studentaid

Trump administration seeks comment on student loan bankruptcy standards

Education Department signals interest in revisiting rules making student loans eligible for bankruptcy -- a priority for some Democrats and consumer groups.

Borrowers With High Debt Levels Struggle to Repay Loans

The share of borrowers graduating with high student loan debt balances has shot up in recent years. And, increasingly, those borrowers are struggling to pay back those loans, according to a Brookings Institution paper released last week.

The paper's authors, Adam Looney and Constantine Yannelis, find that between 2000 and 2014, the share of those borrowers graduating with $50,000 in student loans more than tripled, from 5 percent to 17 percent. Those borrowers now hold the majority of outstanding student loan debt.

The profile of those borrowers has also changed. Before, large-balance borrowers typically attended graduate or professional schools and saw strong salary returns. But today, those borrowers are often parents or independent undergraduate students and see a much higher share of their income go to loan payments. Meanwhile, the share of borrowers taking out those kinds of high loan volumes only for graduate school has declined. And high-balance borrowers were more likely to have attended less-selective institutions and for-profit colleges.

Those borrowers have taken advantage of options like income-driven repayment but are seeing interest accumulate on their loans faster than they can pay them down.

Looney and Yannelis recommend policy makers consider targeted responses, including smaller loan limits and accountability measures for colleges based on outcomes for graduates and parent loans.

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Senate Democrats want Public Service Loan Forgiveness fix in budget agreement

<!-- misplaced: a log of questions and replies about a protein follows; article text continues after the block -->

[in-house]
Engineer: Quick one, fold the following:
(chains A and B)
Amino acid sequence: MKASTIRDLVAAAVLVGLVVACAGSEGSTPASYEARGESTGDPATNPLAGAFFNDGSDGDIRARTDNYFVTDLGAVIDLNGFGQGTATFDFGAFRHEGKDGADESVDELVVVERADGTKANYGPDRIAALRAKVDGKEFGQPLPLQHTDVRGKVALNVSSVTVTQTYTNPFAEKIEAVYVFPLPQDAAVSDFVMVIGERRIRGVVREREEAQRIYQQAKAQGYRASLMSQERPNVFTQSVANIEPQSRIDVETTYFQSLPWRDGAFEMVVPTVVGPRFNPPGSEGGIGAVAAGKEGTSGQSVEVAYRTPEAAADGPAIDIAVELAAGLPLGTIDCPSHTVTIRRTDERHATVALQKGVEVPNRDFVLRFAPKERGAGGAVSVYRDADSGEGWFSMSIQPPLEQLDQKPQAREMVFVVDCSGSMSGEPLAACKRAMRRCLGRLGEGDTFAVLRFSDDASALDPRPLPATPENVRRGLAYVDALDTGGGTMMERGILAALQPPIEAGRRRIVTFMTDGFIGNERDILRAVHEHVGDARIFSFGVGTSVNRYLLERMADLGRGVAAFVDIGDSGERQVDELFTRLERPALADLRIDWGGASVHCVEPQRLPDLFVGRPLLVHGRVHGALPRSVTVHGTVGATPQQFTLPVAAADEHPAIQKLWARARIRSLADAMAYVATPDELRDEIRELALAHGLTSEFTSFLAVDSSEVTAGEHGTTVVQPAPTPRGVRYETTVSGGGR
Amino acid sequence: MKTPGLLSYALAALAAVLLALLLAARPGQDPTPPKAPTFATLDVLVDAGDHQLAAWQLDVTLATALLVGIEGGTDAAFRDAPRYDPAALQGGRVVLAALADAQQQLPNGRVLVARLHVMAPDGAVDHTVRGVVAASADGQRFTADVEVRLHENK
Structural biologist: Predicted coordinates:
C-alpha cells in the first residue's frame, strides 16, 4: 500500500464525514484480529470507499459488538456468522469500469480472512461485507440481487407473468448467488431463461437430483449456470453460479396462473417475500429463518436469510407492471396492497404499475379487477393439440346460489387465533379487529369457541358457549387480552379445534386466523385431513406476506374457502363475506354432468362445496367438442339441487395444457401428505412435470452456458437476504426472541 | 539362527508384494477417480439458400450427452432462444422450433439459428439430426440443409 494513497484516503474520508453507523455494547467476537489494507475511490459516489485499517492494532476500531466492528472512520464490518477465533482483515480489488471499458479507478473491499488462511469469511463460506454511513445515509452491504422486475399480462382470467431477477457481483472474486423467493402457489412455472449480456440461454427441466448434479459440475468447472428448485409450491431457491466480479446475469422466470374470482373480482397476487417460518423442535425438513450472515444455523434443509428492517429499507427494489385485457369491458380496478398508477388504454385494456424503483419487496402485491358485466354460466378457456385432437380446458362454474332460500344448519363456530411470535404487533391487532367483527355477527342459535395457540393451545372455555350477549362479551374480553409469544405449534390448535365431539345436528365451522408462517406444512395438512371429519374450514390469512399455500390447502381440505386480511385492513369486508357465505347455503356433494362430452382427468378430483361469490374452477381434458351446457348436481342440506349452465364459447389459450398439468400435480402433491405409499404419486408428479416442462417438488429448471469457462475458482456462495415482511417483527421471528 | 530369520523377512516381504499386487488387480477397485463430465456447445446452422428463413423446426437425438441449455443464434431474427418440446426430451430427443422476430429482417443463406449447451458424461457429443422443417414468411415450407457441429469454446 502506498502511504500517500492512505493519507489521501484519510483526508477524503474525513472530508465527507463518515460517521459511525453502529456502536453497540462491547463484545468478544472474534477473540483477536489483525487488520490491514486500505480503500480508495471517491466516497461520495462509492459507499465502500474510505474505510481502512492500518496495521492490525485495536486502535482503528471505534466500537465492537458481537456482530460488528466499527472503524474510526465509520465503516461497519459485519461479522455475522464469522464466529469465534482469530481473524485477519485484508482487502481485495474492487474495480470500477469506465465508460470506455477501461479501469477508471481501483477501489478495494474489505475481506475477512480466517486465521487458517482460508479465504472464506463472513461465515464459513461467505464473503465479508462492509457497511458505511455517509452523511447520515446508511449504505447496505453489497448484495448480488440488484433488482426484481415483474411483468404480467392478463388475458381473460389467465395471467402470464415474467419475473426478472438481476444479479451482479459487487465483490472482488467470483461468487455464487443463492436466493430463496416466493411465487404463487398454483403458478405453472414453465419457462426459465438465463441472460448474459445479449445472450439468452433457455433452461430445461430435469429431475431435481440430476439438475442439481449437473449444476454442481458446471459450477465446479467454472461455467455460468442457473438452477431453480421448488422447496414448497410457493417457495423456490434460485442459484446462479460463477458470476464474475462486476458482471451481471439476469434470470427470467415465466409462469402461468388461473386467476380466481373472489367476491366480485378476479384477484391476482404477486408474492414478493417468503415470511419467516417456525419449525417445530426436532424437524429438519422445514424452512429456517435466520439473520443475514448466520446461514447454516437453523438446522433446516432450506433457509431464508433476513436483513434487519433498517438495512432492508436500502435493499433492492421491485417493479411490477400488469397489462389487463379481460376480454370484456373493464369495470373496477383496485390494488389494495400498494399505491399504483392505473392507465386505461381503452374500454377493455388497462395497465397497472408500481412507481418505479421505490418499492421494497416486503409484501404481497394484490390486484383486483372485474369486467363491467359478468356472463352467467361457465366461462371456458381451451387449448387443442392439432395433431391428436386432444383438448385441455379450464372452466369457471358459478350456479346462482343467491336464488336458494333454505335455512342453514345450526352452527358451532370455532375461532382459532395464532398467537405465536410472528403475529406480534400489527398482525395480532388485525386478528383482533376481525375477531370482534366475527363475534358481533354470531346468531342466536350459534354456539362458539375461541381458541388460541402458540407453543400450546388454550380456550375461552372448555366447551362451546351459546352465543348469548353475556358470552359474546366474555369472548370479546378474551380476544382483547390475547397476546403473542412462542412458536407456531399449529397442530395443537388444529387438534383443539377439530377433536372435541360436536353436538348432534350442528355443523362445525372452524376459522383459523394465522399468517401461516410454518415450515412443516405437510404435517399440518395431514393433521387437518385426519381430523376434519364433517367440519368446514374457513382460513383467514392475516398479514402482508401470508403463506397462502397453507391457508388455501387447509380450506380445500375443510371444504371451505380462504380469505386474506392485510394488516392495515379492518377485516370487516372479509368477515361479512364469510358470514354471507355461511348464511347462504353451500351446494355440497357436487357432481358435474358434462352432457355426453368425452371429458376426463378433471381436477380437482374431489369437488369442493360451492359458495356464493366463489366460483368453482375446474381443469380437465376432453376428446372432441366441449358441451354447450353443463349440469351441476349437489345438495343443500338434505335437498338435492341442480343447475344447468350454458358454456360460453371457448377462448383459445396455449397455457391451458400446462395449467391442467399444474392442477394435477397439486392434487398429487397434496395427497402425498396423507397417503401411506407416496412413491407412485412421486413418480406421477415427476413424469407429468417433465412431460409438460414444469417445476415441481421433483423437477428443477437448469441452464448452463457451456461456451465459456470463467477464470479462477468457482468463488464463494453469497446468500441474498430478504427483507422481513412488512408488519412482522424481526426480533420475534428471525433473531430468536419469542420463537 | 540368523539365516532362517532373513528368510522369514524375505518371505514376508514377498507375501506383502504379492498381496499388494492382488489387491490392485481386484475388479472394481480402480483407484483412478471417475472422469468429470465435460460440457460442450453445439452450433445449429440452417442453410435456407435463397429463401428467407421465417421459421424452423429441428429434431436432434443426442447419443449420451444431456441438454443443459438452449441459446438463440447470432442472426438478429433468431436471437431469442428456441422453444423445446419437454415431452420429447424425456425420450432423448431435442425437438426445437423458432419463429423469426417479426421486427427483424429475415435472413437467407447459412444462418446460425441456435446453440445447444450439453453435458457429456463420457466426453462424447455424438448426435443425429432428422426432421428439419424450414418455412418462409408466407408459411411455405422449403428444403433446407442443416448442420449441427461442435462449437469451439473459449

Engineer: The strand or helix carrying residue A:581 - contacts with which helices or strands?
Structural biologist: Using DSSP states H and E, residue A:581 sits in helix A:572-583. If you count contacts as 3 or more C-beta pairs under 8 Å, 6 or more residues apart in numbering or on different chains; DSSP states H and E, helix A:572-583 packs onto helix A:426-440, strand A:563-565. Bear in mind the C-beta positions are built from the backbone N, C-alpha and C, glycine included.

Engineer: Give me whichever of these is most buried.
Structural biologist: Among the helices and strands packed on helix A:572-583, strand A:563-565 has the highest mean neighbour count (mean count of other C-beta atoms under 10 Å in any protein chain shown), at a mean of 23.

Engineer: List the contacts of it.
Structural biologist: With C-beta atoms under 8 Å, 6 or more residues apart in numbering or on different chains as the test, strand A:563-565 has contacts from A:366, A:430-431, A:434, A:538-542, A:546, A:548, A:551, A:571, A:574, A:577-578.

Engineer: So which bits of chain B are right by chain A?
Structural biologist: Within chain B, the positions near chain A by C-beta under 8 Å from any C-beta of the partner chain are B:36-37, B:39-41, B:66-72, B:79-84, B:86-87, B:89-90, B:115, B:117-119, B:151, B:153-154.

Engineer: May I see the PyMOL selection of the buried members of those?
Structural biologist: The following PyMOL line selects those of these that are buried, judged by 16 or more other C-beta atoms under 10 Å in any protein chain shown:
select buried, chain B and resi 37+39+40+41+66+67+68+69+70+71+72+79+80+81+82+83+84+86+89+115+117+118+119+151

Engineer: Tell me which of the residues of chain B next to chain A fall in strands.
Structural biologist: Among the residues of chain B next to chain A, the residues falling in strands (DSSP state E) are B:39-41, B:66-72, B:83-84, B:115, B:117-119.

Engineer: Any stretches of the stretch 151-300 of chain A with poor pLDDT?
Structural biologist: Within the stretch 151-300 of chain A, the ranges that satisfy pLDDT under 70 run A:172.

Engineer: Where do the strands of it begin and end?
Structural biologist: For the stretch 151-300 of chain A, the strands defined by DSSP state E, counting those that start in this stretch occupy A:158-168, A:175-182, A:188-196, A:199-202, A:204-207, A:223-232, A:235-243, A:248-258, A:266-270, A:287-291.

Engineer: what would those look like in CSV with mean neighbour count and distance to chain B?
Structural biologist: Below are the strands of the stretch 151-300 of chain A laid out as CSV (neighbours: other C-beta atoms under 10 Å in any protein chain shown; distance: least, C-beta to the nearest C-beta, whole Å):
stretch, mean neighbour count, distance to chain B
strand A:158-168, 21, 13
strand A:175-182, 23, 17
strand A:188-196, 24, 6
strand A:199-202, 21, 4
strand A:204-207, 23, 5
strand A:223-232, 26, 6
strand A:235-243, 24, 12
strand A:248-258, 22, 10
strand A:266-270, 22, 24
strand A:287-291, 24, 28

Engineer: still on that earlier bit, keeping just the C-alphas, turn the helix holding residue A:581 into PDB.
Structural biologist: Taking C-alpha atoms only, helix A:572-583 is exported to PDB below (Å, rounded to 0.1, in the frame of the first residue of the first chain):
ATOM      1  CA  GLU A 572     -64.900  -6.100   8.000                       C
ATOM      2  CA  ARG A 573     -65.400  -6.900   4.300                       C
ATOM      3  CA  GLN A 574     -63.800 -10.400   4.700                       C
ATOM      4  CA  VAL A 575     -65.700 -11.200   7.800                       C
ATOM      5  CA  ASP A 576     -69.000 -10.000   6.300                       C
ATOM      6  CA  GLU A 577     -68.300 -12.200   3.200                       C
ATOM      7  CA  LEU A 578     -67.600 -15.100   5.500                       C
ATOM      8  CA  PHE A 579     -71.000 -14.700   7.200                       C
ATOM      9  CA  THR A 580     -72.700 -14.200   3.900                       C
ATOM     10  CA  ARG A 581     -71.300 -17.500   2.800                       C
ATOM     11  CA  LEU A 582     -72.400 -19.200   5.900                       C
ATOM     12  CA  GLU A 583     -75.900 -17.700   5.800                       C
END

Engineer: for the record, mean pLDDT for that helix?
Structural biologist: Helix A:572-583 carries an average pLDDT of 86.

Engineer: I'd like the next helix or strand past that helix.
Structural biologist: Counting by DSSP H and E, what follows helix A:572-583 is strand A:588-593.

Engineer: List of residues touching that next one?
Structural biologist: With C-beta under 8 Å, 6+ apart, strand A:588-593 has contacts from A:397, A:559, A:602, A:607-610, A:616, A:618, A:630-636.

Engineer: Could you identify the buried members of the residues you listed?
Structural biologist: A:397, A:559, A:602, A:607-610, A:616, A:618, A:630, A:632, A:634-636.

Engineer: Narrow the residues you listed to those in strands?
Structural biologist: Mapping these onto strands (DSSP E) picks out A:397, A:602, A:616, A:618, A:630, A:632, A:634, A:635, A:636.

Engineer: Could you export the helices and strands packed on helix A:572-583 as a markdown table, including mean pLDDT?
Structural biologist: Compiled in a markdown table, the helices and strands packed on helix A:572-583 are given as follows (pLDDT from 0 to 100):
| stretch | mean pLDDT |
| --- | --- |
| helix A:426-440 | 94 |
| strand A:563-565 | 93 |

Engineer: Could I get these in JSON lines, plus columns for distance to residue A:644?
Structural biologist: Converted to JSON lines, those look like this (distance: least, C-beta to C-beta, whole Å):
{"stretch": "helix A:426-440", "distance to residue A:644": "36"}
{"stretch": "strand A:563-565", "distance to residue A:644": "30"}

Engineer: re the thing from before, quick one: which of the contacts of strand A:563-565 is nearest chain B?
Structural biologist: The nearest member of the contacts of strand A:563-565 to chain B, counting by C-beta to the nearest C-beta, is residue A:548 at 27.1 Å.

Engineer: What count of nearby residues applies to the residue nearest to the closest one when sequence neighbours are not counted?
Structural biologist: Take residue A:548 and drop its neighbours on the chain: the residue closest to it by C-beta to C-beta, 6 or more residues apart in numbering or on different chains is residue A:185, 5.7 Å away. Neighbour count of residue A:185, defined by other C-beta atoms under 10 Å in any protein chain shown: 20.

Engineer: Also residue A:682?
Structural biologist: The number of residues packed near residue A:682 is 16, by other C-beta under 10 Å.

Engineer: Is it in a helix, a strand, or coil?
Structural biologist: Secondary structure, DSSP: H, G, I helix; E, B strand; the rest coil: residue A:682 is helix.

Senate Democrats want to use $4 billion from the budget deal for Public Service Loan Forgiveness, but some higher education groups have other ideas for the money.

After Borrower Defense Negotiation Fails, Department to Craft New Rule

Negotiators failed to reach consensus Thursday on new language for borrower-defense regulations, clearing the way for the U.S. Department of Education to craft its own version of regulations designed to protect defrauded student borrowers.

The Obama administration crafted the borrower-defense rule to establish a national standard for student fraud claims after the collapse of Corinthian Colleges and ITT Tech led to a flood of loan-relief claims. Education Secretary Betsy DeVos blocked the rule from going into effect last year and said she would rewrite the regulations to better balance the concerns of students, taxpayers and institutions.

The department was required by law to go through the negotiated rule-making process, in which a panel representing various higher-ed interest groups attempts to seek consensus on the details of a new rule. Without negotiators reaching consensus, the department will aim to issue its own proposed rule by Nov. 1. Members of the public will have another opportunity to comment on the proposed regulation at that point.

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Trump budget proposal reflects congressional GOP priorities on higher ed

White House budget proposal isn't likely to serve as framework for Congress, but it reflects many of the same higher ed priorities as House Republicans.

A proposed new cap on student loan borrowing will hurt graduate and professional education (opinion)

Anyone can get a car loan, right? And people don’t get those off the backs of taxpayers. That’s what private lenders are for. What’s so different about student loans? Private lenders will fill the gap, just like they do for people who can’t buy cars with cash, and everybody’s happy.

Perhaps at first blush that argument appears to make sense, but it leans on a false equivalency that places the future of real people at risk and creates the potential that society will ultimately become less than it could be.

Exhibit A is a provision to reduce the annual federal student loan borrowing cap to $28,500 for most graduate and professional students that is included in HR 4508, known as the PROSPER Act, which passed the education committee of the U.S. House of Representatives in December.

Presumably, since such a limit will not cover the cost of education for many graduate and professional programs, the committee expects that private lenders will fill the void. That supposition, however, is betrayed by a fatal flaw: collateral.

Privately financed student loans do not -- and cannot -- work in the way consumer loans do.